Having updated to OS X 10.10.3 and iOS 8.3, I’ve finally had the opportunity to start using iCloud Photo Library, and here are my initial observations:
I shipped my 90GB Aperture library to the provider of my internet-hosted Mac mini, on a thumb drive, in order to seed iCloud Photo Library from a computer with a fat pipe. Even still, it took several days for all the data to upload to Apple. But it all finally did, and without getting stuck. I’m glad I skipped the betas and waited for the final release.
It was interesting to see that all the data was uploaded to Amazon S3.
My iPhone saw the Library data quite quickly, but my iPad didn’t, even after a toggling of iCloud Photo Library. Ben Brooks recommended toggling it on all my devices. I would have never considered doing that, but somehow it worked.
My family love having all our photos and videos in one place now, and are constantly gathered around my MacBook Air—especially watch the videos. Given that I’ve setup an iCloud Family plan, I presume Apple will at some point provide a mechanism to provide family members with access to one’s iCloud Photo Library.
Since family member access doesn’t currently exist, I expected the next best thing would be the AppleTV. But we discovered that the iCloud Photos app on our second generation AppleTV doesn’t provide access to the library, just the “Photo Stream” and shared albums. Since the second-generation AppleTV isn’t receiving updates any longer, I went purchased the latest model AppleTV, but was disappointed to find that its iCloud Photos app also doesn’t provide access to the entire library. The AppleTV would be the perfect channel through which a family can enjoy its media, but I’m wondering if Apple are holding off on this (maybe due to bandwidth costs?) In any case, I’ll be returning this AppleTV, as rumors are a new one will be released soon.
Although I have “Optimize Library” set on all my devices and my MacBook Air, I think I’m going to allow a full copy of the data to remain on my Mac mini, so that at least I have one backup of all my data at CrashPlan. It’d be kind of scary to imagine that the entirety of my photos and videos only exists in Apple’s storage.
Watching videos in Photos on my Mac is very slow (over my Spanish ADSL connection), since the entire video has to download before viewing can begin. I wish there was an option to just stream them.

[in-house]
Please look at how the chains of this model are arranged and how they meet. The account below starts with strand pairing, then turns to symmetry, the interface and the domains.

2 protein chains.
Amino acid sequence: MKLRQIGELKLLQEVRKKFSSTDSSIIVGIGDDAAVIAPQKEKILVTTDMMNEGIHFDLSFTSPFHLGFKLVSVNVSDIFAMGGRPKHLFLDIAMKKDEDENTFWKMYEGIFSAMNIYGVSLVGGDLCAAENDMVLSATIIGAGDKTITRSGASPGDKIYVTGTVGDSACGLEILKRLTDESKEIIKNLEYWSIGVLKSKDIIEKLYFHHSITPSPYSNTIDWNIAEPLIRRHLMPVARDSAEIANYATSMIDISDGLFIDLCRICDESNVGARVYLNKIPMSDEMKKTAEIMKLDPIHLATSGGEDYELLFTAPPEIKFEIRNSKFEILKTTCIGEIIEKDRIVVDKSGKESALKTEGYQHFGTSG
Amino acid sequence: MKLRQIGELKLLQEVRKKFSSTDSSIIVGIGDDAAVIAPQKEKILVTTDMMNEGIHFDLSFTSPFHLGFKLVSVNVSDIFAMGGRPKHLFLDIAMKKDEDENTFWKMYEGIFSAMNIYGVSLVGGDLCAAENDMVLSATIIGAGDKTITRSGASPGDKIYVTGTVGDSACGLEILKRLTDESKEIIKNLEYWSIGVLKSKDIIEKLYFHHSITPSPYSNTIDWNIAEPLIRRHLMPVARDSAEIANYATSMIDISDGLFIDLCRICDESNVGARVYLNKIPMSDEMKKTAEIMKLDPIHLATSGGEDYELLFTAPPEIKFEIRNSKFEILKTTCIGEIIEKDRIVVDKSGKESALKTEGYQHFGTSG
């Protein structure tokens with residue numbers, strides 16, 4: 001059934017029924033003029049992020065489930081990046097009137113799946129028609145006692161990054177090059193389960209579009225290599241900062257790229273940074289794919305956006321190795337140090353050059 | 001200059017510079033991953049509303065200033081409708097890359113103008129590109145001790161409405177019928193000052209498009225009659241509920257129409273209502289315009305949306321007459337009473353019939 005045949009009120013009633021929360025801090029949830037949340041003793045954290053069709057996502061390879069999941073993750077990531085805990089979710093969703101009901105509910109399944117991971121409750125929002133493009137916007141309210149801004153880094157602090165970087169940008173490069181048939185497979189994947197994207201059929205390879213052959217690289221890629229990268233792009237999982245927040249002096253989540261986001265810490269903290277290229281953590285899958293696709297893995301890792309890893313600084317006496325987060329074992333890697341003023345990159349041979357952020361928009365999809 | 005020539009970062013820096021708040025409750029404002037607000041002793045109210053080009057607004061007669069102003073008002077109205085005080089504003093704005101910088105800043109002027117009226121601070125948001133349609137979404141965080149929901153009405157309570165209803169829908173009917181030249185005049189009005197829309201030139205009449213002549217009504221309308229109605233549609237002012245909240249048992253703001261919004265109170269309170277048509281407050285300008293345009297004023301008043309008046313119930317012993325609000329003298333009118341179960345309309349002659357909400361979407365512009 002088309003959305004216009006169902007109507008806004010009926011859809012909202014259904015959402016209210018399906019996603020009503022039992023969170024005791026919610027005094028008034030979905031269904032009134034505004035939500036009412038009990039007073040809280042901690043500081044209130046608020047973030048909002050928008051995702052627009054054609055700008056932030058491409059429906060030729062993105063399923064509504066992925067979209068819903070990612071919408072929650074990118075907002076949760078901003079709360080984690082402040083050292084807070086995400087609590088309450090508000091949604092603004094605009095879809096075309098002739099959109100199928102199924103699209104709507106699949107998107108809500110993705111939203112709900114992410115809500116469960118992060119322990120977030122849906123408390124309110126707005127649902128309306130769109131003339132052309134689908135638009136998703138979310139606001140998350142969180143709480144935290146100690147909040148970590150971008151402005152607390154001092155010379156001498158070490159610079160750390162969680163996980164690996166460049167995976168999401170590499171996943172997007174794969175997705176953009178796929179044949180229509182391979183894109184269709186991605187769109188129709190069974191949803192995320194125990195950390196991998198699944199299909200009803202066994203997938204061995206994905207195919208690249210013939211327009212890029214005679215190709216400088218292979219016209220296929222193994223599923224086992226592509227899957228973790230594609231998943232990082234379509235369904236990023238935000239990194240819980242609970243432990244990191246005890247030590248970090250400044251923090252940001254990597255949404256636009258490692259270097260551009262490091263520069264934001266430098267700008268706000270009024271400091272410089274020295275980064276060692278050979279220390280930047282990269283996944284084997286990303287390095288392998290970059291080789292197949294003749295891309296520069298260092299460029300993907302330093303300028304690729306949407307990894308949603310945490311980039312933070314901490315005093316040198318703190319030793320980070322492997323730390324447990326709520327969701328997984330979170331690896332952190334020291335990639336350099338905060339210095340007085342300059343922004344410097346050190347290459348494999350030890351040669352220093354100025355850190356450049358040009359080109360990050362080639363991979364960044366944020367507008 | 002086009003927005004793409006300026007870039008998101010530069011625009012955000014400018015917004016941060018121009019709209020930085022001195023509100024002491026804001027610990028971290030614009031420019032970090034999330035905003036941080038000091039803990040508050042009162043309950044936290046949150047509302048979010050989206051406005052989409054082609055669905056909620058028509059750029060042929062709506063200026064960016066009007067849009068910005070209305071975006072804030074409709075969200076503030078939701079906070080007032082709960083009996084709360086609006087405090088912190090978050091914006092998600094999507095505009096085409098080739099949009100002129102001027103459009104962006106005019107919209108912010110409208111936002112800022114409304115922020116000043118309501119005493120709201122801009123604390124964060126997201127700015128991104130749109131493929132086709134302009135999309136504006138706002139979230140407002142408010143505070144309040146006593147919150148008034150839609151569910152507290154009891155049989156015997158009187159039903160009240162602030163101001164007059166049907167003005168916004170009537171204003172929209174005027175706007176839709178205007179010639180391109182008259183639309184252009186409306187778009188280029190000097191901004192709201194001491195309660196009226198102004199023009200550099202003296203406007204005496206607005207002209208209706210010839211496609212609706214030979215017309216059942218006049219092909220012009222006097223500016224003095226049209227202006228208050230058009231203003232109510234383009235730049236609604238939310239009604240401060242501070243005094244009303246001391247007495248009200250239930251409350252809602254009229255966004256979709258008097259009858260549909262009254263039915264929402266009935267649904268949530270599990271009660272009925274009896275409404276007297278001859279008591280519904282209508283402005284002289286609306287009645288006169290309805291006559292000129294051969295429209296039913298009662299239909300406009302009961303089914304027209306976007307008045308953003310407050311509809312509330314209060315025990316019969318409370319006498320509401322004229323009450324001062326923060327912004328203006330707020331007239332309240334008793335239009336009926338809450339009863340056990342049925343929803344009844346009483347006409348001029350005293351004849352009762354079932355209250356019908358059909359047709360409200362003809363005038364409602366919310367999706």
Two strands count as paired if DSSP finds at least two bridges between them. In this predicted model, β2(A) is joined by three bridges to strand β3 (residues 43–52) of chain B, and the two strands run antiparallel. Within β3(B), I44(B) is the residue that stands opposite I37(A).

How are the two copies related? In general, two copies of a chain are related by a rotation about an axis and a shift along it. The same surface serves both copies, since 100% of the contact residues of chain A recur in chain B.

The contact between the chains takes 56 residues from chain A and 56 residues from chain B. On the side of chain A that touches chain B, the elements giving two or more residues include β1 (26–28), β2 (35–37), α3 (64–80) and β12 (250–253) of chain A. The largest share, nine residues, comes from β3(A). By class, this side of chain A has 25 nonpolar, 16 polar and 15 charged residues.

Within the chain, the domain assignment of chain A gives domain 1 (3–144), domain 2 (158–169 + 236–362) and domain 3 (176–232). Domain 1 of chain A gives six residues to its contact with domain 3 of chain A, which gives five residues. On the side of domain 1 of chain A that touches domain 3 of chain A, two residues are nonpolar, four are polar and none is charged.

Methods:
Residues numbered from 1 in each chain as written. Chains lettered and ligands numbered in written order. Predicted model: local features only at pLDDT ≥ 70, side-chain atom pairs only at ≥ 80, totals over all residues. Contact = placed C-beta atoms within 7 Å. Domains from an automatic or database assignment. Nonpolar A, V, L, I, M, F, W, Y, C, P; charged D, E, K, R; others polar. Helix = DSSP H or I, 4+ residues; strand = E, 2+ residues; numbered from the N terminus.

Non-destructive photo editing that propagates to other devices is magic.
When editing photos, I seemed to have gotten Photos in a mode where it would apply auto-enhance whenever I simply cropped a photo.
When cropping photos, I wish there were an option in the Setting to preserve the original aspect ratio. I almost never want a free-form aspect ratio when cropping (which is the default).
Apple have a couple of issues to work out with sharing. When sharing photos to Flickr, you can choose an Album in which to publish, but you can’t create a new one. I always publish to a new album, so that’s a real pain currently. And when sharing multiple photos to Facebook, rather than including all the photos in single post (like a gallery), each photo ends up in its own independent post with a copy of the description.
Apple still have some conceptual clean-up to do. Currently I need to put videos in Photos on the Mac, but on iOS devices I watch them in Photos instead of Videos. And “Photo Stream”? How does that fit into the picture any more?
One of the biggest concerns of mine, is that evidently Faces smart album data does not sync across multiple Macs. This is terribly disappointing, as years of accumulating Faces data is now sitting on my internet-hosted, headless Mac mini, where I don’t need it, and unavailable on my MacBook Air, where I do need it. What @tverschoren noticed, however, is that faces tagging does seem to sync; e.g. if I search for a name, that name is found under a type “Face” (which had to have come from my other machine.)
Above all, iCloud Photo Library, and Photos on Mac and iOS seem to be a great start to how photos and video management and experience should work. Despite some initial issues that are not-so-ideal, Apple definitely seem to be on the right path.